Earl of Sussex (Byward Market, 431 Sussex Drive): This pub has been around forever and has a great patio on the corner that is shaded with trees. Right near the National Gallery, the patio offers views of Major's Hill Park and Nepean Point.

D'arcy Mcgee's Pub (44 Sparks Street, at Elgin): Another great patio with a view, D'arcy's outdoor space wraps around Sparks and Elgin, offering a great view of the War Memorial and the Chateau Laurier. There are great beers on tap, with many seasonals and featured beer changing all the time. This is one of my favourite places, year 'round.

Arrow & Loon (99 Fifth Avenue, at Bank Street, in the Glebe): This is the first Ottawa pub that featured local craft beer. My friend's brewery, Scotch-Irish Brewing Company, first offered his beers on tap at this pub, and many local craft beers can still be found here. While the patio doesn't have the greatest view, you are very close to Lansdowne, Ottawa South, and downtown. I go for the fabulous beer.

Sir John A (284 Elgin Street, at MacLaren): In the heart of Centretown, you are guaranteed to see lots of night life from the patio of this pub. There is great beer to be had here, including local craft beer and fine imported ales.

Heart & Crown (Byward Market, 67 Clarence Street): This pub is part of five interconnected pubs, known as the Irish Village, with patios both outside and within inner courtyards. For me, the best place to sit is at the corner of Clarence and Parent Avenue, where you have the best view of the heart of the Byward Market. If you prefer a more private setting, the inner courtyard patio is also great.

Heart & Crown (353 B Preston Street): Owned by the same folks as the Byward Market location, the Little Italy H&C is close to Dow's Lake. Don't be surprised to see the occasional Ferrari drive by.

Highlander Pub (115 Rideau Street): I tend to go to the Highlander for its outstanding and unmatched selection of single-malt whiskies, but the beer selection isn't bad either. Situated between the Rideau Centre and the Byward Market, the Highlander is close to many attractions.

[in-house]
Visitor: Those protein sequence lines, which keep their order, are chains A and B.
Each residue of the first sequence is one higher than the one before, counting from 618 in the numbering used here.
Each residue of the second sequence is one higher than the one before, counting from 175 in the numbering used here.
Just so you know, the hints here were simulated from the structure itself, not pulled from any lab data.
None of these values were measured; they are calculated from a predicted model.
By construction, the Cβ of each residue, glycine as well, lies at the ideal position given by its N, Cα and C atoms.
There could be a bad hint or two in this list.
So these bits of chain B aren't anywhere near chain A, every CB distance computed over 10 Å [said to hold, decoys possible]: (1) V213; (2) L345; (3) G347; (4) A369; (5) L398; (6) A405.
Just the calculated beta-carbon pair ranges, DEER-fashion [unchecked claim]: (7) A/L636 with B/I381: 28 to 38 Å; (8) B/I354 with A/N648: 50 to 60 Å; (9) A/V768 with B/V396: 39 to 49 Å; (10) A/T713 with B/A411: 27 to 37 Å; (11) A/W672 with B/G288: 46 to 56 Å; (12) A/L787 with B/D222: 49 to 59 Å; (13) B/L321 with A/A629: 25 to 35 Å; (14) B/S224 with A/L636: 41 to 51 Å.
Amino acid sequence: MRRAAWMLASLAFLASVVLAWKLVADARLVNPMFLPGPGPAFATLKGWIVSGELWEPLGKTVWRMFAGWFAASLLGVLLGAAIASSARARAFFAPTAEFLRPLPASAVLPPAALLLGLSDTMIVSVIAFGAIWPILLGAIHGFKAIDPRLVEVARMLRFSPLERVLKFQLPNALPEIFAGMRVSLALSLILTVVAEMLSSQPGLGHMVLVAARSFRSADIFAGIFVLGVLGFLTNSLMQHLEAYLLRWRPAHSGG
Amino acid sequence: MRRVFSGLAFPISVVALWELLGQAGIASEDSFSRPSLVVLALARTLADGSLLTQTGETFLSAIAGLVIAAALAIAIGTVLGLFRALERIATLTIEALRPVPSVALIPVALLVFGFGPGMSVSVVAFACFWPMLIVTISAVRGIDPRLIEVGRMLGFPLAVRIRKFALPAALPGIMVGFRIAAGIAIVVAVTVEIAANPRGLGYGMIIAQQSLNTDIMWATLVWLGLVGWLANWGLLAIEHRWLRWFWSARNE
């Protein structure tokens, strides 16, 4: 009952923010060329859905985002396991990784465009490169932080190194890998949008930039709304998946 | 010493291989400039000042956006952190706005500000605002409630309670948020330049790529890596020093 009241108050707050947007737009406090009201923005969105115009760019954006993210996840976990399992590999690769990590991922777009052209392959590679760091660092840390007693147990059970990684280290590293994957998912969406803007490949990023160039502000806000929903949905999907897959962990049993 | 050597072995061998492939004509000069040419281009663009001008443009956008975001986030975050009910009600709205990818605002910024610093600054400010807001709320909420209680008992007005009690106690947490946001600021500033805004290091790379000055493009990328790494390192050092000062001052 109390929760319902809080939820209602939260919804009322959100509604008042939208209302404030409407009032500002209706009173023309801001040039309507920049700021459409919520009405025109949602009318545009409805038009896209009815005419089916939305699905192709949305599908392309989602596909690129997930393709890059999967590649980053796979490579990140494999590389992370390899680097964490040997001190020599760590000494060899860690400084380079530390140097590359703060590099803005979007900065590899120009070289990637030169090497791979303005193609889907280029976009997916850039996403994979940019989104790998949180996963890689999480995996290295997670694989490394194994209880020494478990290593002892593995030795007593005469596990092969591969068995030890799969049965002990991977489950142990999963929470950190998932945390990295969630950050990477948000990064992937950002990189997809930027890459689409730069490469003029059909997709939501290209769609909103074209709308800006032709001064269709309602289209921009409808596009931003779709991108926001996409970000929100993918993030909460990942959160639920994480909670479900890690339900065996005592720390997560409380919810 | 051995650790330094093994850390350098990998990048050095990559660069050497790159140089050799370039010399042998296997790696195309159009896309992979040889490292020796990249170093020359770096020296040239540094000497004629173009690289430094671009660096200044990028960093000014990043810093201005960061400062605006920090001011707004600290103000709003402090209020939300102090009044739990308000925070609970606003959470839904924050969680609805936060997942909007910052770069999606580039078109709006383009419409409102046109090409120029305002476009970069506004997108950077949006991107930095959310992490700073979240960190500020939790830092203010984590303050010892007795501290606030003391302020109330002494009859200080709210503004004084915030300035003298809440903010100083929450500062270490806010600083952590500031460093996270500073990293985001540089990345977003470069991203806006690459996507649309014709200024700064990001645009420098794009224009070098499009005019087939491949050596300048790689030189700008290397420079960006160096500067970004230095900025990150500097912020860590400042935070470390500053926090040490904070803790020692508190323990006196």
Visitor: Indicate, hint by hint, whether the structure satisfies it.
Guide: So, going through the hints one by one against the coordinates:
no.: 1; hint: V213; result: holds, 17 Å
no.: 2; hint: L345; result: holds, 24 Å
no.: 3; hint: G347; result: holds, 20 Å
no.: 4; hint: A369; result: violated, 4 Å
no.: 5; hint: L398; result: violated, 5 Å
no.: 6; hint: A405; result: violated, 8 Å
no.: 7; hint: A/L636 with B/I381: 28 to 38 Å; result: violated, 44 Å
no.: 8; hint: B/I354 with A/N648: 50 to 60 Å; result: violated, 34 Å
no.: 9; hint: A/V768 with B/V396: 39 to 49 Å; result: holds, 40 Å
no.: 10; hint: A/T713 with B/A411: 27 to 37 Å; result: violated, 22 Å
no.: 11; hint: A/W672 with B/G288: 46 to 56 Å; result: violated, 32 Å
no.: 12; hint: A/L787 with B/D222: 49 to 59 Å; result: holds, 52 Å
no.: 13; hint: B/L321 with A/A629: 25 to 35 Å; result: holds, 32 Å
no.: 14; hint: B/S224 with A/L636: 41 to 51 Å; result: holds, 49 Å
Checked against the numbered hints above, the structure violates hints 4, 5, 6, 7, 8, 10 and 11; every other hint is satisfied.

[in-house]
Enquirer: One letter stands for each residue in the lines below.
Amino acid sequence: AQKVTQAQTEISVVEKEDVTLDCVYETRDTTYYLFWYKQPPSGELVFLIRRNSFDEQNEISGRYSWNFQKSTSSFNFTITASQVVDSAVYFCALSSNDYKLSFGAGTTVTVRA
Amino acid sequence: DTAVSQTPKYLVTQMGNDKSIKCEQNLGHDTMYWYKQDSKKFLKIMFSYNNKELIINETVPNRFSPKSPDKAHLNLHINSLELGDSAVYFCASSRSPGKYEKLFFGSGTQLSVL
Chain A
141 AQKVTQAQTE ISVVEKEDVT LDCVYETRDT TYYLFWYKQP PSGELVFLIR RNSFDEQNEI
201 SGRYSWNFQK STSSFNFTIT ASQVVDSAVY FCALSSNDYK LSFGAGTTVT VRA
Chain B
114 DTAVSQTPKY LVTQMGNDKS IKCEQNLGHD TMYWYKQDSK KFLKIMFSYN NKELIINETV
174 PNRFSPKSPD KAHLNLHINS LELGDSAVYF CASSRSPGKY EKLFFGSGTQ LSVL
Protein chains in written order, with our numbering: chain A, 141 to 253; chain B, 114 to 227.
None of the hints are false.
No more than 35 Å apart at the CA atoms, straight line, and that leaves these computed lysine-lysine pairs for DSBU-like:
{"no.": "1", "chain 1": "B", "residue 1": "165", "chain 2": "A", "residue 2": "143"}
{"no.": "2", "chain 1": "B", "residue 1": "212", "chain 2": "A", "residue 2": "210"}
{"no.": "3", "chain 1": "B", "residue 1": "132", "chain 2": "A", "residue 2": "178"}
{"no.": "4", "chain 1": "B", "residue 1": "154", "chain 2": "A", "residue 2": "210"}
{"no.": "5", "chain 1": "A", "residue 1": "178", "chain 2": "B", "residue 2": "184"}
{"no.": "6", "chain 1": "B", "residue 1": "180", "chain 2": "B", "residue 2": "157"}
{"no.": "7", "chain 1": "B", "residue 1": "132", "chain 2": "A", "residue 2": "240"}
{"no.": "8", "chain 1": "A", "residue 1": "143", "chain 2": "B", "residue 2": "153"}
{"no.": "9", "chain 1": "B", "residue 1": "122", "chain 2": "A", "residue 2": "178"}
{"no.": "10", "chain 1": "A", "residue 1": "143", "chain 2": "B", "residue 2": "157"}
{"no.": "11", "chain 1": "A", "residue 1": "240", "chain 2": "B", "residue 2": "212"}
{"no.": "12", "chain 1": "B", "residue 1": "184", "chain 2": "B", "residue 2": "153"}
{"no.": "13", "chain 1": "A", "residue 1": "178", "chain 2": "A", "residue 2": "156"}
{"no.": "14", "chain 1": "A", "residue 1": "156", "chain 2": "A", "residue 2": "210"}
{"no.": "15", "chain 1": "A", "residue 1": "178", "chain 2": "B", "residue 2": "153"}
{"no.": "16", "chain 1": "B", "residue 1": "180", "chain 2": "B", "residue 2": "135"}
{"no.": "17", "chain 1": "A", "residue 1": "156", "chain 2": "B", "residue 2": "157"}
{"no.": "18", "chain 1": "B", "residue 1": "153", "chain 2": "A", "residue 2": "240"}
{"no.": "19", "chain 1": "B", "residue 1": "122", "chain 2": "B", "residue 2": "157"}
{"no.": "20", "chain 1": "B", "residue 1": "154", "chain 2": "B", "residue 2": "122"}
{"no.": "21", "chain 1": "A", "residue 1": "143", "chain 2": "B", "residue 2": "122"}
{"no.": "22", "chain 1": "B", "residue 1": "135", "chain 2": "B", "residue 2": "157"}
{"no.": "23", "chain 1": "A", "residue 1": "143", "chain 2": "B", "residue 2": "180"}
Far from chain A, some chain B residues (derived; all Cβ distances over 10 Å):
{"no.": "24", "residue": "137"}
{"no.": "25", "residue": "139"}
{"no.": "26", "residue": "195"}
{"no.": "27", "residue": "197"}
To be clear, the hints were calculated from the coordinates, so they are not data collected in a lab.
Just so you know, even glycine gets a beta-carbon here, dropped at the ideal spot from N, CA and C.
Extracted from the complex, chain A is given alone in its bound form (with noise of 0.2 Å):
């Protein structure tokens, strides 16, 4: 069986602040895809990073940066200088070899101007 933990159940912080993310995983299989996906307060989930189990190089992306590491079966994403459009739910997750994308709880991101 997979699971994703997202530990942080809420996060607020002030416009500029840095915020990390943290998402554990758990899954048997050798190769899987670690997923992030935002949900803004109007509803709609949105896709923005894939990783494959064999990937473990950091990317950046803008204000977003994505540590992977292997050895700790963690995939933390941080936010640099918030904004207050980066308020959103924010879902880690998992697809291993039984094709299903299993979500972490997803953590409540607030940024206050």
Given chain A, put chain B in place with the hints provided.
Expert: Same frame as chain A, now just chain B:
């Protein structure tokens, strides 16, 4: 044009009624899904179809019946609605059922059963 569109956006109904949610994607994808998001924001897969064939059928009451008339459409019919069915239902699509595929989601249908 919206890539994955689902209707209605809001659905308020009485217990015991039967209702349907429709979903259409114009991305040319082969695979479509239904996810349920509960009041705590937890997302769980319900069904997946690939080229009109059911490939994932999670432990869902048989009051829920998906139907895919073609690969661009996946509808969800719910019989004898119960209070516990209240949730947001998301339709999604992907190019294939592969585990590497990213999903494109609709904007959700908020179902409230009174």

The Clocktower Pub (418 Richmond Road, Westboro): The beer and food is hit and miss at this brew pub, but the patio is large and gets plenty of sunshine, and the pub is located in one of the trendiest neighbourhoods in the city.

The Lieutenant's Pump (361 Elgin Street, Centretown): Again, in the heart of Centretown, this pub has great Ontario craft beer on tap and the food is pretty good. The patio isn't huge but it does offer a great view of one of the city's great streets.

Those are my picks. If you go to any of these pubs you can't go wrong. (Good luck, Lori!)

If you have a favourite patio pub in Ottawa, please share it by leaving a comment.


Friday, May 9, 2014

The Logical Ale

Every once in a while, when I'm in the LCBO, searching for a new beer to try, one will jump out at me and scream, "Buy me. Drink me."

It's not something that I say often, but I'm a big Star Trek fan. Like, really big. I have seen every episode of the original series, countless times; seen every episode of The Next Generation, countless times; every episode of Deep Space Nine, Voyager, and Enterprise. As a child, I saw a few episodes of the animated series, but it wasn't readily available after its first run. But I'd watch it now, if given the opportunity.

I've read several Star Trek novels. I've seen every movie. I have even owned Star Trek mugs, utensils, and action figures (I even had the bridge of the Enterprise for the action figures, complete with transporter). I have built many models of the U.S.S. Enterprise—stashed in my basement are three starships (the original NCC-1701, A, and D), mounted together on a stand that looks like The Next Generation insignia/communicator.

I even had a Star Fleet uniform from The Next Generation, which I wore for Hallowe'en over a couple of years.

I'm an unapologetic Star Trek geek.

So, when I entered an LCBO in the Quinte Mall, in Belleville, and saw a particular can of ale, with a hand raised,  palm outward, fingers spread to make a V, I had to have it.

It was the only logical thing to do.
Vulcan Ale (5.4% ABV)
Pluto's Moon Beer Company
Calgary AB
Beer O'Clock rating: 3.5
Appearance: deep amber with brownish-red highlights, much like the surface of Vulcan. A deep-taupe head that starts as a thick foam and settles to a creamy cap.

Nose: orange citrus with mild hops and a milder malt. A hint of caramel.

Palate: big, malted body, with caramel, apricot, and a slight pine finish that is lightly bitter.

Overall impression: all of the flavours meld into a mind-blowing, cohesive, full-bodied ale. This variation of an Irish Red is the logical choice for relaxing at home with friends, but it's tough to keep your emotions in check.

Vulcan ale was brewed to celebrate the 2013 centennial of the town of Vulcan, Alberta. That's where they have a honkin' model of the Enterprise.

Live long and prosper (I mean, cheers!).